12-01-10 Keats

Protest and Poetry

Poetry is an incredible campaigning tool and I would love to see more activists and artists working closely together – sharing their unique skills and perspectives to highlight human rights issues.

When the Keats House Poets and the University of London’s Human Rights Consortium opened a call for submission of human rights poetry, we were struck by the quality and variety of themes in the 640 entries we received. We saw that the best human rights poetry employs wit, clarity, a unique personal insight and, crucially, leaves the reader space to contemplate the issue themselves. Political poetry that rants and seeks to convert is often discarded as propaganda – even by those who are of the same view point. Condensing complex, urgent and sometimes distressing messages with sensitivity and respect for the subject matter is a real art and the three following poems published in In Protest – 150 poems for Human Rights are great examples.

Kate Firth, a voice therapist and poet from Bristol, narrates a story of a triumphant community protest in Karnataka lead by 50, 000 Indian farmers, who use laughter to oust a corrupt official. Continuing the theme of how humour can be used by protesters to rise above their adversaries, award-winning Scottish poet Douglas Dunn paints an almost comedic student protest where the riot police are outwitted. Finally, Kit Fan presents a poem about his return to his primary school in Hong Kong, reflecting on how teachers managed the student’s response to Tiananmen Square.

The poems were originally published in In Protest: 150 poems for human rights, edited by Helle Abelvik Lawson, Anthony Hett and Laila Sumpton, (Human Rights Consortium, School of Advanced Study, University of London, 2013)

The laughing farmers by Kate Firth

Because they had no power

they had no words that anyone would hear,

so they laughed.

This was their protest

                                      their power

                                                          and their weapon.

Some would call it madness:

to march for miles

to simply sit on the lawn

of the Chief Minister

and laugh.

Was this a laughter of hysteria?

Or vision

of a genius

who knew

that when your rights are stolen

laughter is a choice

between survival

or defeat?

They could not be moved,

laughing for hours in the sun

to laugh the government out,

for laughter is the greatest triumph

and the greatest humiliation.

Drowning in the unrelenting echo

of hearts that couldn’t be bought,

the Chief Minister

became ridiculous.

And for fifty thousand laughing farmers

come election time,

the name of the Chief Minister

remained a joke.

The demonstration by Douglas Dunn

It looked as if about to become very nasty.

Helmeted, holding shields and truncheons, in riot gear,

The whole, extremely uncomfortable wardrobe,

The police squared up to the students

Who waved their banners and bottles of mineral water.

Some were outrageously got up as fairies,

Not a few in kilts, others like undertakers –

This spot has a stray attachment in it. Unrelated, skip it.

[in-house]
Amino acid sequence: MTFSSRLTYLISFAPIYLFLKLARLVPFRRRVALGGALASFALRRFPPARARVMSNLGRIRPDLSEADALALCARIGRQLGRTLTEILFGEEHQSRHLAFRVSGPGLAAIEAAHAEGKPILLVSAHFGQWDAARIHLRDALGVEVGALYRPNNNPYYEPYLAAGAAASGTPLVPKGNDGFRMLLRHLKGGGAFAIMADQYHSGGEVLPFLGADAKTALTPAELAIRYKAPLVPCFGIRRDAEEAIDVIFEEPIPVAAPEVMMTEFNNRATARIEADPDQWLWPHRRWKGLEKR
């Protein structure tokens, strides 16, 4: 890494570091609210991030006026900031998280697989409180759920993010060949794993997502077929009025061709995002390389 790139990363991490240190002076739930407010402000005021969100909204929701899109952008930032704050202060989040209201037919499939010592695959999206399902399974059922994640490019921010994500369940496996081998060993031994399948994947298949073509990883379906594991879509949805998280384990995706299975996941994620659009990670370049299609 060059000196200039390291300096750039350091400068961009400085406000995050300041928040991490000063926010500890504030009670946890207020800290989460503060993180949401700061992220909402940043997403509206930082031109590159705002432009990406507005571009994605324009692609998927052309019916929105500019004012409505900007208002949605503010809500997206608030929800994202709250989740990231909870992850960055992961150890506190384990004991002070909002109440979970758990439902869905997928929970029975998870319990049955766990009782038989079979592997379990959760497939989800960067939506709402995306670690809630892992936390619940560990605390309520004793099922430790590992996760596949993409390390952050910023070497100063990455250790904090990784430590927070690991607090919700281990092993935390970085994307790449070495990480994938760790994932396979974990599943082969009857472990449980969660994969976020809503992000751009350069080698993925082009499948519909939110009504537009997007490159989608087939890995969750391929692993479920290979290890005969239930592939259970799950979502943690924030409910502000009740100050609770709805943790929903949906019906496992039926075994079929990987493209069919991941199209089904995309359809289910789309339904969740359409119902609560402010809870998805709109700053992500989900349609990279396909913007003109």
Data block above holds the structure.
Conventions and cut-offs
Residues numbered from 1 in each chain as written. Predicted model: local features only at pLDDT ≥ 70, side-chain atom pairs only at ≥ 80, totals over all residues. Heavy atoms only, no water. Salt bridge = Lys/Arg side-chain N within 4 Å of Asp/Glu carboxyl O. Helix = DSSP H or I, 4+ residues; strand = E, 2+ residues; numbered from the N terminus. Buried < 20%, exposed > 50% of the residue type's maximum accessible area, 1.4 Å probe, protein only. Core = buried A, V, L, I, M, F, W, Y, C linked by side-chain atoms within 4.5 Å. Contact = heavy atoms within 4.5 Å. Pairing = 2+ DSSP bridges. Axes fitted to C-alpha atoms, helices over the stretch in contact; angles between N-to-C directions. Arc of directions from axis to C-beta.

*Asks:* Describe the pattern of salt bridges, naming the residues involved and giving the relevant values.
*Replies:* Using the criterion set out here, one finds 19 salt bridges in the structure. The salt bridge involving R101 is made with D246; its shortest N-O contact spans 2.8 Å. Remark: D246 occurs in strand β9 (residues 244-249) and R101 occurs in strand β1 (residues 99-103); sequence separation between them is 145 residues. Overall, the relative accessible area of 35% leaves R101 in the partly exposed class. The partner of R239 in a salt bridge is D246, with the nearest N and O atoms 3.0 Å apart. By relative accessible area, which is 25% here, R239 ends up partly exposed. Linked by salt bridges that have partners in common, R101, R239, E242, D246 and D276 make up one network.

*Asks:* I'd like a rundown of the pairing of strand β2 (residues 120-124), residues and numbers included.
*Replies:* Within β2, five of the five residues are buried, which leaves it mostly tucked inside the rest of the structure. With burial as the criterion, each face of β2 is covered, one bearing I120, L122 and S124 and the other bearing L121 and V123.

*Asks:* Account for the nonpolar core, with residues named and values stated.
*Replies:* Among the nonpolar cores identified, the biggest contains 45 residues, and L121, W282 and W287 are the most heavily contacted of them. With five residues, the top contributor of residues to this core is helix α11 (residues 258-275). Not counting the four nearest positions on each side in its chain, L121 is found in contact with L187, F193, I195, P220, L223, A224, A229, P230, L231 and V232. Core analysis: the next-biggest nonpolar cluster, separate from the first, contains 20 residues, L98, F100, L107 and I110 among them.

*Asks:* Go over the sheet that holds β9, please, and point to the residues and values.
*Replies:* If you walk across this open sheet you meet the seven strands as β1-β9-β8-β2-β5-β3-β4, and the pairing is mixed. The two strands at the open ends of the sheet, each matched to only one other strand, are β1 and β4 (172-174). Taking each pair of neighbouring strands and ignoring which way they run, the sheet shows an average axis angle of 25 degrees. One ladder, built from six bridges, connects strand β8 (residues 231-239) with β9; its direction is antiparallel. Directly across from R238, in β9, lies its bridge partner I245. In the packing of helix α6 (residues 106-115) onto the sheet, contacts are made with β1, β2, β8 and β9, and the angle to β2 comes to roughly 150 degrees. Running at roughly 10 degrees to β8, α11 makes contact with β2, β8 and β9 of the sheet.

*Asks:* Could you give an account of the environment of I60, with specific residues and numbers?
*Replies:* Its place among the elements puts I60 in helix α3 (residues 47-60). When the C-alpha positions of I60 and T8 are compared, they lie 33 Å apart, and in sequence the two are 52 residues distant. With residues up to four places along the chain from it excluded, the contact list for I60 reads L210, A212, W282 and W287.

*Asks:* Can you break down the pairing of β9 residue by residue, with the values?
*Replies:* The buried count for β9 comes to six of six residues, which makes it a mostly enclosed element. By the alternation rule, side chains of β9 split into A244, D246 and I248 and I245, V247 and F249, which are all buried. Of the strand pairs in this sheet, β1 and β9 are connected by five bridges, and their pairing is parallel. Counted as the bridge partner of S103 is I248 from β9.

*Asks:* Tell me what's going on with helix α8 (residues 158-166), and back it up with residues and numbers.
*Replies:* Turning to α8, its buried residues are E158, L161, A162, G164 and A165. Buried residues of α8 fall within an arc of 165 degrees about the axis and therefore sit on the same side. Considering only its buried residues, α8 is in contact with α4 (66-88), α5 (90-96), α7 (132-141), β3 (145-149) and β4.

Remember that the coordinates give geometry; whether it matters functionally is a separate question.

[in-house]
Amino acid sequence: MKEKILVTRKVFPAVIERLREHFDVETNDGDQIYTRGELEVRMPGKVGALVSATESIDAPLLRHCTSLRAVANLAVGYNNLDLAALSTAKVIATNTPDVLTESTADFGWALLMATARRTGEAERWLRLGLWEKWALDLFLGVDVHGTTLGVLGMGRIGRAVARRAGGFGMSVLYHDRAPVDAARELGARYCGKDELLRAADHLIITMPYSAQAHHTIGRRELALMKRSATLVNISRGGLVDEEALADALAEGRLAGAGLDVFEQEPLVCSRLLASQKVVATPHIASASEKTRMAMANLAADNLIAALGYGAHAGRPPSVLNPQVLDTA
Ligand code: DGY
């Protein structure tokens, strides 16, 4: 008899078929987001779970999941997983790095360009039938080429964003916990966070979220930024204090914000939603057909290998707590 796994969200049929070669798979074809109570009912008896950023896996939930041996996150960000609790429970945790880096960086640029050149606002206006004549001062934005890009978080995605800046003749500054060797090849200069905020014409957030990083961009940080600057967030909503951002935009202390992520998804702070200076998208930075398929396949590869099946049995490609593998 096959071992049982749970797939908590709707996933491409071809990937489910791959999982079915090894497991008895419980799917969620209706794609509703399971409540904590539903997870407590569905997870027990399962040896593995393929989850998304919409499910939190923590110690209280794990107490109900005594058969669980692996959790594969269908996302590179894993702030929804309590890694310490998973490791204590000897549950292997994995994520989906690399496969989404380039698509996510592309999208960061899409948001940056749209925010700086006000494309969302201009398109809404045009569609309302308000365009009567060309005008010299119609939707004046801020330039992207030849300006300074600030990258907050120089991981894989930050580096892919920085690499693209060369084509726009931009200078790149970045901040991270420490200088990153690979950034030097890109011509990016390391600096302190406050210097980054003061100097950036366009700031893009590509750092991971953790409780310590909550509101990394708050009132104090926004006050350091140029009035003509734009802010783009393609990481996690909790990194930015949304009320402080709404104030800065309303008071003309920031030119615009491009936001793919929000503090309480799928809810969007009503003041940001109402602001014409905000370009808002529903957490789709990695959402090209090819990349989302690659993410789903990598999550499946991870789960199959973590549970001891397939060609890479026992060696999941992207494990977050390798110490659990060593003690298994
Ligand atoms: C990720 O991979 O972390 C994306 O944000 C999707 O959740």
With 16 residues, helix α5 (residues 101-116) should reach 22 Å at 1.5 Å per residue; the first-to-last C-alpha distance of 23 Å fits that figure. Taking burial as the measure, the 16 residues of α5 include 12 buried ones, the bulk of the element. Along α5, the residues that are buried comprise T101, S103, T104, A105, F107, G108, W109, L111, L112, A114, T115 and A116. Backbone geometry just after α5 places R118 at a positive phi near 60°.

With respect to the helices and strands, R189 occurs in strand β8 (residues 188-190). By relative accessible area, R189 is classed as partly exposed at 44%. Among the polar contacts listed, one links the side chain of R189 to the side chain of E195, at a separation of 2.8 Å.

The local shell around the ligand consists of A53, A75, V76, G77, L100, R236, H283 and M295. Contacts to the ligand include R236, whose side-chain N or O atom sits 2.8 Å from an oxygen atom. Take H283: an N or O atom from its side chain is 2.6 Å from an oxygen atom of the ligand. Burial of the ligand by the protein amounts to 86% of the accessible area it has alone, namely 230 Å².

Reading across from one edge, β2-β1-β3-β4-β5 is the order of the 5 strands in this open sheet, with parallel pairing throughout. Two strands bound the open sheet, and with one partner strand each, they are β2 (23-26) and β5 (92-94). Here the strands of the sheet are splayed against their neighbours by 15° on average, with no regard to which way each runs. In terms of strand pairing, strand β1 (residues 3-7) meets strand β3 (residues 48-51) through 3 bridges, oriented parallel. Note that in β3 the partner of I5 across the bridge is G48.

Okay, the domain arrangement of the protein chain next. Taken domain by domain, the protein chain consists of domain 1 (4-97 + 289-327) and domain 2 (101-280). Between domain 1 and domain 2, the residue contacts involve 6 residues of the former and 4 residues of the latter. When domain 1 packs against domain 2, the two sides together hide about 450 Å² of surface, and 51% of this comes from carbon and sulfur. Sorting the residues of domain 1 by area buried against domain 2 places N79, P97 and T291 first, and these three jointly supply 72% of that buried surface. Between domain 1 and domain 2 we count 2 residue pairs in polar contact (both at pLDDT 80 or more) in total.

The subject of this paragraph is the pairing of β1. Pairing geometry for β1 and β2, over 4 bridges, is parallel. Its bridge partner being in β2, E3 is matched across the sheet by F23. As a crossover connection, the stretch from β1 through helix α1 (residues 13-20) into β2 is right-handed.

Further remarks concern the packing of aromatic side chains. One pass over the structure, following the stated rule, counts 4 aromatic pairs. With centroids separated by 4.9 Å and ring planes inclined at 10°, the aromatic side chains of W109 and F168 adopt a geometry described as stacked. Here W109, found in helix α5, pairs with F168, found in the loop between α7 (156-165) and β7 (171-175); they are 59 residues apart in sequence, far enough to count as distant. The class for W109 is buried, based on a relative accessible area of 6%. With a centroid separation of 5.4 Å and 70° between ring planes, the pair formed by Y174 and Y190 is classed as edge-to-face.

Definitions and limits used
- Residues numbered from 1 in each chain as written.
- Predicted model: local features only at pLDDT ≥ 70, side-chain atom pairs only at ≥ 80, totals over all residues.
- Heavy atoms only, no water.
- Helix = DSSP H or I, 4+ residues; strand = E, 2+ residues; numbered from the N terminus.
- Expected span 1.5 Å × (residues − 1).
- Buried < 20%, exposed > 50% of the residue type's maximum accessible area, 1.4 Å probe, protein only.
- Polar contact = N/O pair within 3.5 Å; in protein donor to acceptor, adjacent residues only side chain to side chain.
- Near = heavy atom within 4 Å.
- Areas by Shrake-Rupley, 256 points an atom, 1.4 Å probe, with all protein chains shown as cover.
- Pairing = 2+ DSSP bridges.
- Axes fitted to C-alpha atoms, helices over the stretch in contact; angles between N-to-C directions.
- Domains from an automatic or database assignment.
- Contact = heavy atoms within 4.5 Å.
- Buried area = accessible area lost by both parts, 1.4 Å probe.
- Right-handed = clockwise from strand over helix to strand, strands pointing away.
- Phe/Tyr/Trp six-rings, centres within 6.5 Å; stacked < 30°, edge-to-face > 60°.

Top hats, tail coats, carrying the coffin of their cause.

Young women flaunted legs and behinds,

Many of them singing ‘The Beaux Gendarmes’.

‘Bugger this,’ said the officer in charge.

‘We’ll beat them at their own game.’

He passed the word to his second-in-command,

Who passed it on the third, who passed it on

Along the incredulous, obedient ranks.

Then the policemen lay down and the students carried them away.

Among school teachers by Kit Fan

The gate closed, bell unanswered, basketball court

stripped bare to lines and sparrows.

July is never the month for learning.

A school on Clear Water Bay Road, yet no water

bay, nor road. A bridge, along the scar of a hill

through the Lotus-flowered Magnolias I used to cross over

to the clamour of books.

A month of no children, but the translucent playground

after rain recalls the aftermath of hide-and-seek:

What’s the time, Mr Wolf?

The tick-tocking knees,

the run for life. A boy under a tree

restless for the world to spin in ten seconds.

That summer day, among school teachers

we stood and sang.

Not of psalms and gospels but farewell and falling men:

How bodies became mountains.

How the wind knew of sadness, the soil

of love. The colour of blood was the colour of our flag.

In the assembly hall children who knew little of death

had seen images of guns and wounds, a speck

of a person stopping a column of tanks.

It was a clear day but we were all shut in.

The ground deserted to the democracy

of the sun.

The cicadas buzzing their way

to the dead of summer. The world waiting

under some tree.

A thousand souls still singing

in a dark assembly hall on Clear Water Bay Road.

Photo by Bethan AttributionNoncommercialNo Derivative Works 

Laila Sumpton

Laila's poetry uses imagery and lyricism to tell stories about identity and human rights. She studied English literature at the University of St Andrews and Human Rights at the University of London. She is a member of the Keats House Poetry Forum, a collective of London based poets supported by Keats House in Hampstead who work on poetry projects. She co-edited 'In Protest- 150 poems for human rights', a unique anthology of global poetry collated by the Keats House Poets and the University of London's Human Rights Consortium.

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